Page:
Something about New Orleans piano, to me, is more welcoming than any other kind of piano playing. The rhythms almost demand the piano be played using certain intervals, chords and licks. The harmonies are usually blues-based. This music is made for partying. And everyone is invited. I think it is a great way to learn how much fun playing piano really can be. If you were raised on Mozart and Bach, …. hold on to your klangfarbenmelodie, here comes Dr. John.
Books have been written on this style of playing. I’m talking about Dr. John, Professor Longhair, Harry Connick Jr., A.J. Croche, Little Feat and more. There are plenty of recordings of these guys to listen to. So I’ll just focus on what listening to these guys did for me.
Dr. John always said he was influenced by Professor Longhair and if you listen to that, you’ll see the similarities. Harry Connick Jr. credits these guys and more for his playing influences. These are some of my favorite piano players.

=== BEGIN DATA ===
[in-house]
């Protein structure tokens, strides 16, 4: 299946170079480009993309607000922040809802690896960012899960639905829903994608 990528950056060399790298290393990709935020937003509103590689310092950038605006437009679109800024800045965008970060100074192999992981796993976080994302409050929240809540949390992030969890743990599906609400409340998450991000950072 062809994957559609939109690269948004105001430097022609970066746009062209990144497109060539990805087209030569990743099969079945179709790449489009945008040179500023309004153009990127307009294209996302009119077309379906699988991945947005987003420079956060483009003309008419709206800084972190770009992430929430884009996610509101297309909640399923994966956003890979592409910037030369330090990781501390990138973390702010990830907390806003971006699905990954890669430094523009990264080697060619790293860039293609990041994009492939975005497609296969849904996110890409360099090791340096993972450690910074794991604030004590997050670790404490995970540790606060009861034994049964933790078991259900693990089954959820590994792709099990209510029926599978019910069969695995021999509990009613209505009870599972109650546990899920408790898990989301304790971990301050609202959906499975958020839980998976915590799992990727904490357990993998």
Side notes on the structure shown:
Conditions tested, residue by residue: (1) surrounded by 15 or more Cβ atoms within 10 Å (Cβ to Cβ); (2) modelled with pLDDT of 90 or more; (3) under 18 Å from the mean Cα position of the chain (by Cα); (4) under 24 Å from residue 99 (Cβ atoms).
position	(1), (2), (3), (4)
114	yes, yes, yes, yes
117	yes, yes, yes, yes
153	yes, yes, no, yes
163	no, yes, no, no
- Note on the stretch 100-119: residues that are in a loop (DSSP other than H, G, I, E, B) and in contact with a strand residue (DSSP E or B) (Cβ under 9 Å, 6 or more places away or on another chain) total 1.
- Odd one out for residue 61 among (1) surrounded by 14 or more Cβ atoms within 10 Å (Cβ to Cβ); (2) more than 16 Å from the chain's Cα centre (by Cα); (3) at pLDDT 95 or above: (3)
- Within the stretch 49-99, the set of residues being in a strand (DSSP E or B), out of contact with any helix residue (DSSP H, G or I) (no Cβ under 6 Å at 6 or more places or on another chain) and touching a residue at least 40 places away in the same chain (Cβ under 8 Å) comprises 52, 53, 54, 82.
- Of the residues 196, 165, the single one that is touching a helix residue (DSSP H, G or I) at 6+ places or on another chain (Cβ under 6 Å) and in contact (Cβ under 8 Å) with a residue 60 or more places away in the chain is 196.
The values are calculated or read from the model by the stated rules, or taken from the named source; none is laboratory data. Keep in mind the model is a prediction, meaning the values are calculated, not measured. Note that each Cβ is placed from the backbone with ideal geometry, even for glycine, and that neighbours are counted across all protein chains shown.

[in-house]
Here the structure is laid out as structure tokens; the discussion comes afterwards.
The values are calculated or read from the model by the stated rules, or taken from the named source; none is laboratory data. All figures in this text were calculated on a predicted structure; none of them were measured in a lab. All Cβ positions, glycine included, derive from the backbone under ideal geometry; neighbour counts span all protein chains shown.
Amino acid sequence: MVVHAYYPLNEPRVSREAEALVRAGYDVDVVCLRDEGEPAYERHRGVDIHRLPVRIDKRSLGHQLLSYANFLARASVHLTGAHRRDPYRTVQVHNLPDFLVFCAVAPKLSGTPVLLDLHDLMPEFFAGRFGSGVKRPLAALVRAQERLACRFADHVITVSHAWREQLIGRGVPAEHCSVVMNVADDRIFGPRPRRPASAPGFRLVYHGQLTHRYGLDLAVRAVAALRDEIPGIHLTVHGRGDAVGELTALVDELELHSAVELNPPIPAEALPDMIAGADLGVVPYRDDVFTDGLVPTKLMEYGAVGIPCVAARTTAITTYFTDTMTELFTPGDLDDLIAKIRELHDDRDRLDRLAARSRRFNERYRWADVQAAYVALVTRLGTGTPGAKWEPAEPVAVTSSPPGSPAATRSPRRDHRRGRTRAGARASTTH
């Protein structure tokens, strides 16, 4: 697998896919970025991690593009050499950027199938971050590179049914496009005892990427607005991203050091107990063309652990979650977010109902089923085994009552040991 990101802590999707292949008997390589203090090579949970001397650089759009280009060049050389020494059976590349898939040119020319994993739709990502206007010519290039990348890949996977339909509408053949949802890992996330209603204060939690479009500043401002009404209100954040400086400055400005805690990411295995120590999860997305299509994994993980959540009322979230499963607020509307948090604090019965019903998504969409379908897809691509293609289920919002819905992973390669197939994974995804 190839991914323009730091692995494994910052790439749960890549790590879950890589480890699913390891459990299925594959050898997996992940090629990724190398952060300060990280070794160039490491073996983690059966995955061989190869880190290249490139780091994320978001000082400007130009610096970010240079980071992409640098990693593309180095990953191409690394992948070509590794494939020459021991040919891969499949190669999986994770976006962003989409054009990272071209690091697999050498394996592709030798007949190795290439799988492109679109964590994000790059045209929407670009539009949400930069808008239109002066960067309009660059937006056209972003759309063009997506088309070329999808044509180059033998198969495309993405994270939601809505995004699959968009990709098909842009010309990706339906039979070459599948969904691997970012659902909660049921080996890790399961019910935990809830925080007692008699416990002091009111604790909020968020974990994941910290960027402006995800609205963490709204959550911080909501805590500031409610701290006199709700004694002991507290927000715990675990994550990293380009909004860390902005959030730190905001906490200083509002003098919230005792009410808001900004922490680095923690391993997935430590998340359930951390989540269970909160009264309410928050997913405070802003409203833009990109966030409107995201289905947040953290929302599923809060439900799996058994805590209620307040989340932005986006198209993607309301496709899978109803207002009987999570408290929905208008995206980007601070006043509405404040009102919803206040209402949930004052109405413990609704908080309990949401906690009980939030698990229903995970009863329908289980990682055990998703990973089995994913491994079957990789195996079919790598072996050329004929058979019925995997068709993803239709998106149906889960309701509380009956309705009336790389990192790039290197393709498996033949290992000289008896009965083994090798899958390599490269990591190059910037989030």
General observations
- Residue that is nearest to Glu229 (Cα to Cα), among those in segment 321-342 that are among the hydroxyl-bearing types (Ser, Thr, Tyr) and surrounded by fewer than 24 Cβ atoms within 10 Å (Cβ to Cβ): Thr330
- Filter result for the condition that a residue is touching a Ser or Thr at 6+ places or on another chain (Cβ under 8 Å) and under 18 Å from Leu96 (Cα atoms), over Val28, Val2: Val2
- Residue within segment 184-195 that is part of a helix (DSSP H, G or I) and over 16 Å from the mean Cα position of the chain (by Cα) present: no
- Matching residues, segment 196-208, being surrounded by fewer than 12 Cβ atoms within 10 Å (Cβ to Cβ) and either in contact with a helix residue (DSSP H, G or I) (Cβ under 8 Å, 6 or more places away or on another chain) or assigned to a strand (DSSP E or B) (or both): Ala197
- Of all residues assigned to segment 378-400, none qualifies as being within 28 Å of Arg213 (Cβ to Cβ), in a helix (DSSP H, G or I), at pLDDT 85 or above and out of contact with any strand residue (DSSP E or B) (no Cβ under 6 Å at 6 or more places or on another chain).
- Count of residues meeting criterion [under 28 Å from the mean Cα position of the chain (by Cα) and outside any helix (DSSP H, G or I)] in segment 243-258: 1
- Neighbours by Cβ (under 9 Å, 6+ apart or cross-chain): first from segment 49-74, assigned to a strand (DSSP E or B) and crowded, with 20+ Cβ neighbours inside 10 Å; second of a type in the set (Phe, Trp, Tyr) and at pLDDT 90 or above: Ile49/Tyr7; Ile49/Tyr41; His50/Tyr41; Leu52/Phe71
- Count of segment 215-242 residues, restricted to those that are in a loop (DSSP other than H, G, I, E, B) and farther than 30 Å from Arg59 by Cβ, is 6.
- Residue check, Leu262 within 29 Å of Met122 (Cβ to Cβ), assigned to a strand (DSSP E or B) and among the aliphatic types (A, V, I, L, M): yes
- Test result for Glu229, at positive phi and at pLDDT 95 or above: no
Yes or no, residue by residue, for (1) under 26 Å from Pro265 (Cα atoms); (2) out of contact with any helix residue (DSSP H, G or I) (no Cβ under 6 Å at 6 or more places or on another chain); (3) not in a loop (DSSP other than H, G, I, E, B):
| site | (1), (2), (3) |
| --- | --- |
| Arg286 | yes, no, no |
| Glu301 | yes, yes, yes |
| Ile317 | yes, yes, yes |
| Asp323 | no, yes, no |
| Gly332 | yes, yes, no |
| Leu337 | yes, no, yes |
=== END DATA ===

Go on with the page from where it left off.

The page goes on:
Oscar Peterson could boogie. Bill Evans could boogie. Just because it’s a crowd pleaser doesn’t mean you are selling out to boogie a little. Having a little fun is okay sometimes. You probably should not try it at the end of Franz Liszt's Hungarian Rhopsody No. 2 . But then again, Liszt might not mind. He was all about working hard and playing hard.
I’ll probably write more about this style and go into a few individual players’ in future posts. In the meantime, go get yourself some Dr. John!
Obviously, we don't know everything. But we do tend to think differently. Here are some of my thoughts on piano and maybe some on life. I play piano for Tracy Lawrence, produce new artists, write and practice piano.